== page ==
Today, Sony announced that is plans to sell 3D televisions by the end of 2010. So far, the 3D industry has focused mainly on theater (over 7,000 digital 3D screens are expected to be in theaters worldwide by the end of 2009), so the Sony announcement will come as a big boost to the 3D world. Sony chief executive, Howard Stringer, is expected to announce that Sony will sell 3D Bravia television sets and also make the company's Vaio laptops, PlayStation 3 consoles, and Blue-ray disc players compatible with the new technology, at the IFA technology trade show in Berlin. Sony believes that 3D is "on its way to the mass market through technology, distribution, and content," but does insist there are still some issues to be face, including agreeing on a single 3D standard and avoiding a format war.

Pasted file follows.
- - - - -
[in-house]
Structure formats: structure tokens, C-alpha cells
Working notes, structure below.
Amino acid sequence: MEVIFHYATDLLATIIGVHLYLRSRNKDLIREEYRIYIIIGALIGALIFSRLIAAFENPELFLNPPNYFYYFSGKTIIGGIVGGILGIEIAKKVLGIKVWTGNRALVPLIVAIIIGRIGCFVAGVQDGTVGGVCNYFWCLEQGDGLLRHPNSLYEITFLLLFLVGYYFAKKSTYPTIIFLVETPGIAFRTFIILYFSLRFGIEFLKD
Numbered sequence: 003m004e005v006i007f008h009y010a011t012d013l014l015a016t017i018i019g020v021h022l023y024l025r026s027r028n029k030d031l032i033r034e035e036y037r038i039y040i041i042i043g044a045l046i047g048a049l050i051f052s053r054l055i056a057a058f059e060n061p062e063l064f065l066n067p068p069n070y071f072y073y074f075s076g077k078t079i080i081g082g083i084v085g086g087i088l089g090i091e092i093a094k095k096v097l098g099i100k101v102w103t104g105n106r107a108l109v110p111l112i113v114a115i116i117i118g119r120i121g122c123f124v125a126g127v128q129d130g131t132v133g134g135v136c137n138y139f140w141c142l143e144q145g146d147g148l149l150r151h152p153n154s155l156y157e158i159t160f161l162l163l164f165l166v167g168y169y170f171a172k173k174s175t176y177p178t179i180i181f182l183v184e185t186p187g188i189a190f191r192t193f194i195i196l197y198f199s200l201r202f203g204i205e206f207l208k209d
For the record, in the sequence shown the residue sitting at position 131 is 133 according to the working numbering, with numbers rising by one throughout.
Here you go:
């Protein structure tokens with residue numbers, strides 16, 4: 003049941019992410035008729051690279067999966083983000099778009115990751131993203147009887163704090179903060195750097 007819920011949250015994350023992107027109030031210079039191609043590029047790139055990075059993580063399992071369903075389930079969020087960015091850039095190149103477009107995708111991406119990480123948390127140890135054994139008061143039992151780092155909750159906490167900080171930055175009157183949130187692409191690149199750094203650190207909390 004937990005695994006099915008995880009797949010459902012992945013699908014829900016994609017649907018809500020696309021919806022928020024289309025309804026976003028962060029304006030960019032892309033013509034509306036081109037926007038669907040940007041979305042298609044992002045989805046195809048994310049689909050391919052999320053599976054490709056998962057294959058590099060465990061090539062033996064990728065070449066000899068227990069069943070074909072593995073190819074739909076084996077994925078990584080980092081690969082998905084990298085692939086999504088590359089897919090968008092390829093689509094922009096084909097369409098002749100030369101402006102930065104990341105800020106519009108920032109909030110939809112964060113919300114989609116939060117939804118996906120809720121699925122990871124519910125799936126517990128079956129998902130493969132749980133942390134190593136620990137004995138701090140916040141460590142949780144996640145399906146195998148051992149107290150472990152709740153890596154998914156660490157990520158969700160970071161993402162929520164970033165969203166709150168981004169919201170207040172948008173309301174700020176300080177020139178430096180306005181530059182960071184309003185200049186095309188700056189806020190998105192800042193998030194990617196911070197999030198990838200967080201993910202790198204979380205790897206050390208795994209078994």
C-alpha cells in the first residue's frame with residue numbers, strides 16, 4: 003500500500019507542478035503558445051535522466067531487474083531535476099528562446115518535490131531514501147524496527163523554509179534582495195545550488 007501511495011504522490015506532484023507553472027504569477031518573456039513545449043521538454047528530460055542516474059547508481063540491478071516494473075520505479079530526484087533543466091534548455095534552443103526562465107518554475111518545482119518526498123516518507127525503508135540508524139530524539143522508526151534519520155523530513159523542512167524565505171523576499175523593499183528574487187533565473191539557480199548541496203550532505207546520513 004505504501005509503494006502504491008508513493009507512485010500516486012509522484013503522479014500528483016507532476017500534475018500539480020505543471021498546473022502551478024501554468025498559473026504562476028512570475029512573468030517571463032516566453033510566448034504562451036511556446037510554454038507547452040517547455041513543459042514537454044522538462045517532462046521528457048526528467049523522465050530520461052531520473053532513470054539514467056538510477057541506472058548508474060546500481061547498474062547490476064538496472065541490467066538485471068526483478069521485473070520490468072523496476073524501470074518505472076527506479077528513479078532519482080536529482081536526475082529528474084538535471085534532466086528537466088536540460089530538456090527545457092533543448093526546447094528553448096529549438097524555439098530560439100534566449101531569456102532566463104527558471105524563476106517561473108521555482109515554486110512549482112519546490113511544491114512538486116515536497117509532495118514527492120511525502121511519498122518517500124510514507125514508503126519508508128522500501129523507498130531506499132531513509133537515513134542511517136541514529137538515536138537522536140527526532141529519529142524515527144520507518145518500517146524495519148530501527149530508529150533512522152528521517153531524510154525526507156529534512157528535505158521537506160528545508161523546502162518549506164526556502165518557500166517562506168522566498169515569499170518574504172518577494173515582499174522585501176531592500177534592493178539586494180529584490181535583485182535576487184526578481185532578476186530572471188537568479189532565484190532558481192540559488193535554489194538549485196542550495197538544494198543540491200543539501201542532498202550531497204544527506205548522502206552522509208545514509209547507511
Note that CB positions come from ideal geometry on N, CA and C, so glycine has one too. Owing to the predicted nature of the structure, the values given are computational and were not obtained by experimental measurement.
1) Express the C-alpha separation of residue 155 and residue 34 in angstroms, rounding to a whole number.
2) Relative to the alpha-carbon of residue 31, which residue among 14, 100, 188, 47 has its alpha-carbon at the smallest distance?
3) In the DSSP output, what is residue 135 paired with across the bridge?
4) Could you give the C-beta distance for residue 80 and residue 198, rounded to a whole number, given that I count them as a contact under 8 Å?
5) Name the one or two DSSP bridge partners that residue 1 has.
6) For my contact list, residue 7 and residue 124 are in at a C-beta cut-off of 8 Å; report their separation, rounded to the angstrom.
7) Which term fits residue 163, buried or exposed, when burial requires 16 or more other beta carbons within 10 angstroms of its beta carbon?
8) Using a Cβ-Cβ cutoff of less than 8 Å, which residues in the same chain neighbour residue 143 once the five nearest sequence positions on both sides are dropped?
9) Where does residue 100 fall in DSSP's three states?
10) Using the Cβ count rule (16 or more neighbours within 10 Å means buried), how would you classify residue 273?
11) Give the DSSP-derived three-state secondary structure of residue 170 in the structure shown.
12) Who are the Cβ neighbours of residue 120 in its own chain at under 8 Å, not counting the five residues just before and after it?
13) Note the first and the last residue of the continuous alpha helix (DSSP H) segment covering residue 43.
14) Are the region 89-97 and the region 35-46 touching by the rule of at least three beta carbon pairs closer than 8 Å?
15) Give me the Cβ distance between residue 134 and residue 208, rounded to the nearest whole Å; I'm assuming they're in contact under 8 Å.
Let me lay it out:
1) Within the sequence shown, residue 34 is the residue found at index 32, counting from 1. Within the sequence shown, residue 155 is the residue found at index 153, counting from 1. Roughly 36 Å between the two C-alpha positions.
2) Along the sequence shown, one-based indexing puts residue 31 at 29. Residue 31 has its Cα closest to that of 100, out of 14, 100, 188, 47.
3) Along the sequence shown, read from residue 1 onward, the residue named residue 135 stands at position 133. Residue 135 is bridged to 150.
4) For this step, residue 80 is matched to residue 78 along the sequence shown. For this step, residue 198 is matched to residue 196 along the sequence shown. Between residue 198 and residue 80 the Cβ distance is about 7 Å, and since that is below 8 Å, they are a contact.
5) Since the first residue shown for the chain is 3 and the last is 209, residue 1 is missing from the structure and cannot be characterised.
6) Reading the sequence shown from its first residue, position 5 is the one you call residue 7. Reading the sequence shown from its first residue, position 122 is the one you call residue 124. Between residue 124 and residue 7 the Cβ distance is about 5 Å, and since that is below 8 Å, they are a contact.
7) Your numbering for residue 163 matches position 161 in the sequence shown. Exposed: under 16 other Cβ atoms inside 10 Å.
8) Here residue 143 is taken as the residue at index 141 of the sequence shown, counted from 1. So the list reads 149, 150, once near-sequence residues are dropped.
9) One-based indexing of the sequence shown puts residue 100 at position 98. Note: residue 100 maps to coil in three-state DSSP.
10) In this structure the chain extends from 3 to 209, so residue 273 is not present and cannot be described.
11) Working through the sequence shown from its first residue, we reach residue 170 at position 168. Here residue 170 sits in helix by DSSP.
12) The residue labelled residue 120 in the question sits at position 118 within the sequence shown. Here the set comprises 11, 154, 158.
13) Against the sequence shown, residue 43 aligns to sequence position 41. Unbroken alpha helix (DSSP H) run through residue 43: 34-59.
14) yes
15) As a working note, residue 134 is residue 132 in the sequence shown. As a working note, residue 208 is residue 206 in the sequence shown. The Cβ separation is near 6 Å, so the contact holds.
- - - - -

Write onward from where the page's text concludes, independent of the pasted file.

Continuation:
While there are several types of 3D technology, Sony will be going with "active shutter" technology, which means using electronic glasses with tiny shutters that open and close in sync with images on TV. This creates a 3D impression and is different from the "polarisation" technology used in theater that only works when viewers are sitting at a certain angle.
Many in the electronics industry believe 3D will soon be the new HD. Hyundai is also currently working on 3D television sets for Japan and Panasonic has announced it has plans for 3D TVs in the works. Neither company has matched Sony's commitment, however, to making 3D TV mainstream.
There has been no word on exactly how much the TVs will cost, but analysts predict the earliest versions to cost several thousand dollars. Hyundai's 3D TVs currently retail for about $4900.